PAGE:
In standard Japanese this word is rendered as 山の窪地[xiv] yama no kubochi “a depression in the hills” which itself is an obscure term. Kubochi is essentially a synonym for 盆地 bonchi a basin – this is a term all Japanese people are familiar with. According to this theory, 江古田 Egota means 水が流れ込む田んぼ mizu ga nagarekomu tanbo a field that water flows down into.

This looks legit on the surface. There is actually a river called 江古田川 Egota-gawa and an actual bridge called 江古田川大橋 Egota Ōhashi the Great Egota Bridge. There are hills in the area as well. The only problem with this theory is that within the 23 Special Wards of Tōkyō Metropolis, virtually nothing of the old dialects remains. The evidence for this theory is supplied from other places in agricultural areas of Kantō where bits and pieces of the old dialects persist. No documents link this place with this etymology – it’s purely hypothetical[xv].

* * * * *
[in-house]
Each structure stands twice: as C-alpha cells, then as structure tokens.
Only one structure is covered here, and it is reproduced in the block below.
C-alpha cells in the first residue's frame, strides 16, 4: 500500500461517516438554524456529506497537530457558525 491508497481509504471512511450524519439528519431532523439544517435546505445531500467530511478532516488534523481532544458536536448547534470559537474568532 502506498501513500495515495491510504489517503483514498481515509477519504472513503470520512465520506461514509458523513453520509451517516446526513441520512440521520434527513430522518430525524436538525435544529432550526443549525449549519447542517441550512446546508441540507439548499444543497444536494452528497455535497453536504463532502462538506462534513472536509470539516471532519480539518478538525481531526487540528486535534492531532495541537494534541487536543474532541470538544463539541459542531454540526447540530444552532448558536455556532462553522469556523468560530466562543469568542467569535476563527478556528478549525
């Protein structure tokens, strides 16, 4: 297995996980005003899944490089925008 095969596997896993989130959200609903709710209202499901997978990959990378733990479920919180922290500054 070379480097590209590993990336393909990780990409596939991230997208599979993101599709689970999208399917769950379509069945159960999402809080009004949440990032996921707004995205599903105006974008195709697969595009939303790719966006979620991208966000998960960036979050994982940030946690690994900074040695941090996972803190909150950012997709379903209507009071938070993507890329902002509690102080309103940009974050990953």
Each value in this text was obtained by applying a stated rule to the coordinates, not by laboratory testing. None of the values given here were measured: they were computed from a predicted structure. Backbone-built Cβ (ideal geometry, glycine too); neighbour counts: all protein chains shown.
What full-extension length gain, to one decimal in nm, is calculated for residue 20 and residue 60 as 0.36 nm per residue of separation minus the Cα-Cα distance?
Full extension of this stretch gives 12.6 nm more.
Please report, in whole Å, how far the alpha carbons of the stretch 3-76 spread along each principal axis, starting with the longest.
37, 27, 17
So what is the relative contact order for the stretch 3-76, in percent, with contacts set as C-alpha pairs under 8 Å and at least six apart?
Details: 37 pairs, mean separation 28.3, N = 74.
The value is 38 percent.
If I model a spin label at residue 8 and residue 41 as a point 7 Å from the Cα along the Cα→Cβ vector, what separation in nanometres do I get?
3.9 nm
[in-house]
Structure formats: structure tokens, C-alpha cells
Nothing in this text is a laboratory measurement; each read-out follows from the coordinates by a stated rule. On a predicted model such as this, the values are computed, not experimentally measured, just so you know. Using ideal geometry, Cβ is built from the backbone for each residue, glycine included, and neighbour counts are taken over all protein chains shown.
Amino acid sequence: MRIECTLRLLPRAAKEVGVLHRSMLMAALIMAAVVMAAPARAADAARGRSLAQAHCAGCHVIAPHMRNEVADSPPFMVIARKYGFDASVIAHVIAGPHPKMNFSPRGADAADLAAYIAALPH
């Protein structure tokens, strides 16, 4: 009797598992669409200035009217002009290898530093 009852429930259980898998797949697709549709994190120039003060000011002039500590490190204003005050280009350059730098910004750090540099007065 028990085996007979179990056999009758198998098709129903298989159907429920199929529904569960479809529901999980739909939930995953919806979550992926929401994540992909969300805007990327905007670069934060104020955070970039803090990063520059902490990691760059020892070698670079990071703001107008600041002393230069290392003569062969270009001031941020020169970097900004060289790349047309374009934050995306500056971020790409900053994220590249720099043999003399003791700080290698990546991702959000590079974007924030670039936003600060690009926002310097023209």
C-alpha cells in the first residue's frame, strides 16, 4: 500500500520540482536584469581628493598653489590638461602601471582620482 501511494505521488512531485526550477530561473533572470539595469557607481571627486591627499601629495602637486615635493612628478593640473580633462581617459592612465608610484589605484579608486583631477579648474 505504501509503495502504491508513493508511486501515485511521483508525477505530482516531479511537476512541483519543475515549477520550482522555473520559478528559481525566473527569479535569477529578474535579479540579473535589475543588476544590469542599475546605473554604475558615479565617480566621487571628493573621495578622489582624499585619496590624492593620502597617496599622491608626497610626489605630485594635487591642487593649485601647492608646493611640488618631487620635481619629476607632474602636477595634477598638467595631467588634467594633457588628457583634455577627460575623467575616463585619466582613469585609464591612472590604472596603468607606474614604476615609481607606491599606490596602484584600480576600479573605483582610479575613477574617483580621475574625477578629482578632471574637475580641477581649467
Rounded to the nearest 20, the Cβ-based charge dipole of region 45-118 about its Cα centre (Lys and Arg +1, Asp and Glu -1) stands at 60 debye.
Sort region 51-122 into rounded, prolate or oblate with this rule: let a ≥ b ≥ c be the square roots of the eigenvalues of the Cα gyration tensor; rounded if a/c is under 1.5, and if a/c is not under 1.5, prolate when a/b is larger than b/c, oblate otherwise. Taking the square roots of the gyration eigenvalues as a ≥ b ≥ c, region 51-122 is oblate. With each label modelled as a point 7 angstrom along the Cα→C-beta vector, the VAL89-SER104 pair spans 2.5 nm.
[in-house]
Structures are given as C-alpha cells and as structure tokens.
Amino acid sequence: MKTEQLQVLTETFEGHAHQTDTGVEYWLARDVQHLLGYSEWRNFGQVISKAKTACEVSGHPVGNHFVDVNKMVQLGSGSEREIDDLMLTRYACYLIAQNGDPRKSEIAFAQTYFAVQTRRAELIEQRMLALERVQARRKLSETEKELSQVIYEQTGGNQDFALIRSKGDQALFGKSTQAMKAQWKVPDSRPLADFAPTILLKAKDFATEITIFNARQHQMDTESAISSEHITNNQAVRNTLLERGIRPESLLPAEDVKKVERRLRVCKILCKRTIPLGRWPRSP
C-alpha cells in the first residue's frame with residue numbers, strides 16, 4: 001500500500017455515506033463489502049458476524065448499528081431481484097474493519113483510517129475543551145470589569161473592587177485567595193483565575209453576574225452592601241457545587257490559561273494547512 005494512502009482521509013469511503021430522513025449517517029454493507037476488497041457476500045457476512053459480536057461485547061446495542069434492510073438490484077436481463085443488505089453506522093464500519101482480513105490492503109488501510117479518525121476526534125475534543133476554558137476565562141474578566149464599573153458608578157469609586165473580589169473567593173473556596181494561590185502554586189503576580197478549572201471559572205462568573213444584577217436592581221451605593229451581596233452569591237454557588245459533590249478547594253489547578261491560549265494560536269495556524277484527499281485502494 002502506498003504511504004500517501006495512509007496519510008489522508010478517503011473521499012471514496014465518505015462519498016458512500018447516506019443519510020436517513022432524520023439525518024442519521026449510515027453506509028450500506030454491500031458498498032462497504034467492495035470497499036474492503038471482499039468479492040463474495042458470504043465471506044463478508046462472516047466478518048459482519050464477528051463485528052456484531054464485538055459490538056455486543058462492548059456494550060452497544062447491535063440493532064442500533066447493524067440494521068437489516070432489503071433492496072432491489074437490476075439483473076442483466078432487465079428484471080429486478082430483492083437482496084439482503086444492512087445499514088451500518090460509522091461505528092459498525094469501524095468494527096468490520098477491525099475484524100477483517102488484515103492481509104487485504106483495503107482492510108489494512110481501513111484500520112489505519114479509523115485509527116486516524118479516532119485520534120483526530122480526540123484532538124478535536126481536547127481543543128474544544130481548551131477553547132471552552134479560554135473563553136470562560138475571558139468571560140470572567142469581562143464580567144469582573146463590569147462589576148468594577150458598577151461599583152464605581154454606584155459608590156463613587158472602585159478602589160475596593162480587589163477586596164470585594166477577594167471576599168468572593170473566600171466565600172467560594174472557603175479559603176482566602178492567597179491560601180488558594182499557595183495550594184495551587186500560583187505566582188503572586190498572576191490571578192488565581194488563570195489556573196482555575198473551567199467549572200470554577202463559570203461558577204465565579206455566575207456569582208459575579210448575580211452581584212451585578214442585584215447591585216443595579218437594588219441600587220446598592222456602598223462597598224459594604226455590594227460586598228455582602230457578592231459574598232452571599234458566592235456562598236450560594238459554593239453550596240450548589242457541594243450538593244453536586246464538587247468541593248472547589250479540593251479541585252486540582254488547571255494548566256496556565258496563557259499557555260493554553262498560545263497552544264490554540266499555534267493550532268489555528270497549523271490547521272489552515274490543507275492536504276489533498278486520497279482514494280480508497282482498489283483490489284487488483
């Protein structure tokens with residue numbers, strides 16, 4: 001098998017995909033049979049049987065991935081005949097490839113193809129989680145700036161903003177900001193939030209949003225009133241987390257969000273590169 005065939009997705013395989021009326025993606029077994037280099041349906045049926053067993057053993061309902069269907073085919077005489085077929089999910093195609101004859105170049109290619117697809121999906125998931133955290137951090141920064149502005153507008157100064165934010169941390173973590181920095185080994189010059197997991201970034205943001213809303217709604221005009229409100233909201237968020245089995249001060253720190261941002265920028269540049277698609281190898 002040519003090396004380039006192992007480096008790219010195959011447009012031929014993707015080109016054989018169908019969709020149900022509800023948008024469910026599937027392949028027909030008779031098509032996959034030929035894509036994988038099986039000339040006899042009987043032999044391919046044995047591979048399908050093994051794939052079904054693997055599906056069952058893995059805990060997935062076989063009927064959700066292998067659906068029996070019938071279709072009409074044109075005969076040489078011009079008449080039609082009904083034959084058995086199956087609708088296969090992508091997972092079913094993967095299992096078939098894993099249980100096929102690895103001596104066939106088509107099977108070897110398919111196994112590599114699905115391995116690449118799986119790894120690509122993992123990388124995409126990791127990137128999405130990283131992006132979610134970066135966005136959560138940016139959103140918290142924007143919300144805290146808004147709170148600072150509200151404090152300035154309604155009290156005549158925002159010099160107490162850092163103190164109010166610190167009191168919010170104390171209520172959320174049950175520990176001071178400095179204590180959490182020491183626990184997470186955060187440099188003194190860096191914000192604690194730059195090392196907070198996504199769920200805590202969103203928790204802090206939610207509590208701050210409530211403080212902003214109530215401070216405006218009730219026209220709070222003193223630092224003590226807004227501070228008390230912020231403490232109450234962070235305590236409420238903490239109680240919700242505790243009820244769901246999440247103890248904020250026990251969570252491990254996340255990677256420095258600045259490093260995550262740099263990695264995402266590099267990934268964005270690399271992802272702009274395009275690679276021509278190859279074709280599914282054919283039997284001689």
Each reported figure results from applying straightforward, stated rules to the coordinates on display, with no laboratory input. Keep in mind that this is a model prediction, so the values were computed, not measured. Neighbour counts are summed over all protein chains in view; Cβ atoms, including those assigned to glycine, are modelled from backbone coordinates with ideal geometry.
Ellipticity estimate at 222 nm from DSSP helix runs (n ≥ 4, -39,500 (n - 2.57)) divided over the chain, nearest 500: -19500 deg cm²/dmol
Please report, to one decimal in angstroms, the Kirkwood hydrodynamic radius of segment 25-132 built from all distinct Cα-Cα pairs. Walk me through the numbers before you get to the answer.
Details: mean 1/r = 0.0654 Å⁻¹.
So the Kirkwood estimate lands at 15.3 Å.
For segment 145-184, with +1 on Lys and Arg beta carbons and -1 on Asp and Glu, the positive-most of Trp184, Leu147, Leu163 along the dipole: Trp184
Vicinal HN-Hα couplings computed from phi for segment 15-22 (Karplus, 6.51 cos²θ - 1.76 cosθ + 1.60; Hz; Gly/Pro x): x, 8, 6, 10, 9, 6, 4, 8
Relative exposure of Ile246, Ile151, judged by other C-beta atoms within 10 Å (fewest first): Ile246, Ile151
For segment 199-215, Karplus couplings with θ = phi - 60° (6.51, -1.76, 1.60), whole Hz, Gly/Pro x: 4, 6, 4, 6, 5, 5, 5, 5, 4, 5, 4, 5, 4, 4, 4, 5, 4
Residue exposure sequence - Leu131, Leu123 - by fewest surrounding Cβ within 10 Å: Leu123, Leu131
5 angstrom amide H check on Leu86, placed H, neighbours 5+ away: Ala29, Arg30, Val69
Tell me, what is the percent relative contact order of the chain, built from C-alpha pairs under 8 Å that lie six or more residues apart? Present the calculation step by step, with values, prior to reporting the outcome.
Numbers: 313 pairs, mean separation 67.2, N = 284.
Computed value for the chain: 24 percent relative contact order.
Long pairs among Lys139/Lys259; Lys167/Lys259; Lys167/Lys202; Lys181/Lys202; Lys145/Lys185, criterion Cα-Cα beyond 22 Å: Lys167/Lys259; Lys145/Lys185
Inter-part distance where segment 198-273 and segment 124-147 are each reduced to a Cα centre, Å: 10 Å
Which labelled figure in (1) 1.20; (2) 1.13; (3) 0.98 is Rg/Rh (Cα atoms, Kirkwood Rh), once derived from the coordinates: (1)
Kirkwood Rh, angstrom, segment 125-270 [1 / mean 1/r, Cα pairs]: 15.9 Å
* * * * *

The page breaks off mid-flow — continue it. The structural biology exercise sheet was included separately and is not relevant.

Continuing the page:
This tree look familiar? Time to talk about that Japanese Snowbell Theory again.

This tree look familiar?
Time to talk about that Japanese Snowbell Theory again.

Let’s Revisit the Japanese Snowbell Theory

There are more theories than I’ve listed here, but these are the big ones. However, I promised to talk about the most famous theory. That theory states (and I quote from myself) that:

The area was covered with Japanese snowbell trees (Styrax japonica).

In Japanese, the tree is called エゴノキ ego no ki.

I don’t know why this is the “pet etymology” that gets shared the most because it’s probably the most easily disproved etymology. It’s complete shite.